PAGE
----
Research Areas






The Health Informatics Research program at UOIT has several core topics of study. They can be viewed by accessing the sites on the left-hand navigation window.

Data Mining

The focus of UOIT HIR research within the domain of data mining has been to explore new innovative approaches to data mining that support the analysis of data stream behaviours as they exist prior to an independent event and for this data mining framework to support multiple research studies using the same data to investigate the behaviours for multiple events.

Professor McGregor has led research to extended the CRISP-DM data mining standard to support temporal data mining of data streams and created CRISP-TDM.

Professor McGregor has developed and patented the Service based Multidimensional Temporal Data Mining (STDMn0) technique.

Impact of Technology

Patient Journey Modelling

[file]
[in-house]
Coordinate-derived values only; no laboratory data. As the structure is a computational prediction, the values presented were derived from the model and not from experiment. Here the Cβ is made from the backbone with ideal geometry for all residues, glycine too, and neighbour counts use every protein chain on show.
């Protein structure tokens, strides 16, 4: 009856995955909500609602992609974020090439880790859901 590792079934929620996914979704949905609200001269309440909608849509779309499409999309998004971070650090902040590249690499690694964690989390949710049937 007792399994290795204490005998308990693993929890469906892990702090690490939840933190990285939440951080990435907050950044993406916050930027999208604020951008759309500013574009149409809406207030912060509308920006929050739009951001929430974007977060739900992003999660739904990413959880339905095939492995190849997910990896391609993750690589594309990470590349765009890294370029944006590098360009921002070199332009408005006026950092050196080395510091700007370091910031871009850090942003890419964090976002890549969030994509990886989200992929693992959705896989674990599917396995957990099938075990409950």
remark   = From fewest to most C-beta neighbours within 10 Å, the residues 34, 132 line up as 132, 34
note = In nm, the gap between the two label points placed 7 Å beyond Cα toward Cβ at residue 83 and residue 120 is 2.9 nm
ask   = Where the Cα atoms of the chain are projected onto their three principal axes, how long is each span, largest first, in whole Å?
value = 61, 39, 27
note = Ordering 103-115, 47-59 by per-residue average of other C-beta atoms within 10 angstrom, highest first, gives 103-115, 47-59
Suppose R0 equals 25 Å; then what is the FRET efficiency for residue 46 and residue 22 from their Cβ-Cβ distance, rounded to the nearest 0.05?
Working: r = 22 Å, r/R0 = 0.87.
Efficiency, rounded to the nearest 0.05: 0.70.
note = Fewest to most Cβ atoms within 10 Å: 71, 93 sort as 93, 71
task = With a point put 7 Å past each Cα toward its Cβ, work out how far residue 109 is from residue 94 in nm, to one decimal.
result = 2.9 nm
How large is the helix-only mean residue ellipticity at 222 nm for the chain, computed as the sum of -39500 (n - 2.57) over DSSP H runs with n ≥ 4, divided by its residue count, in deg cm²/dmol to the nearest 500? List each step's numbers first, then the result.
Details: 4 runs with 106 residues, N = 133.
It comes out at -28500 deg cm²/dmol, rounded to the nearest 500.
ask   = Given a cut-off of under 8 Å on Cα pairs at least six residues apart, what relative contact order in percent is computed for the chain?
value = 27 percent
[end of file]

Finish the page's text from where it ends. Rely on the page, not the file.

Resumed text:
Healthcare facilities across Canada are under increasing pressure to report on and improve a patient’s journey through the health care system. Simply implementing computing tools to manage healthcare information without an integrated way to plan and manage the changing work practices is proving to be of little benefit to these healthcare facilities or their staff.

Proposing new ways to model the patient’s journey and providing healthcare organizations with structured tools and techniques to support organizational change for quality improvement is a research focus for Professor Carolyn McGregor, Canada Research Chair in Health Informatics and Associate Professor Jennifer Percival.

Patient Journey Modelling techniques (PaJMa) can be applied to analyze the patient’s journey within a single healthcare organization or their journey through multiple healthcare organizations (e.g. from a community clinic to a regional hospital back to community based home care).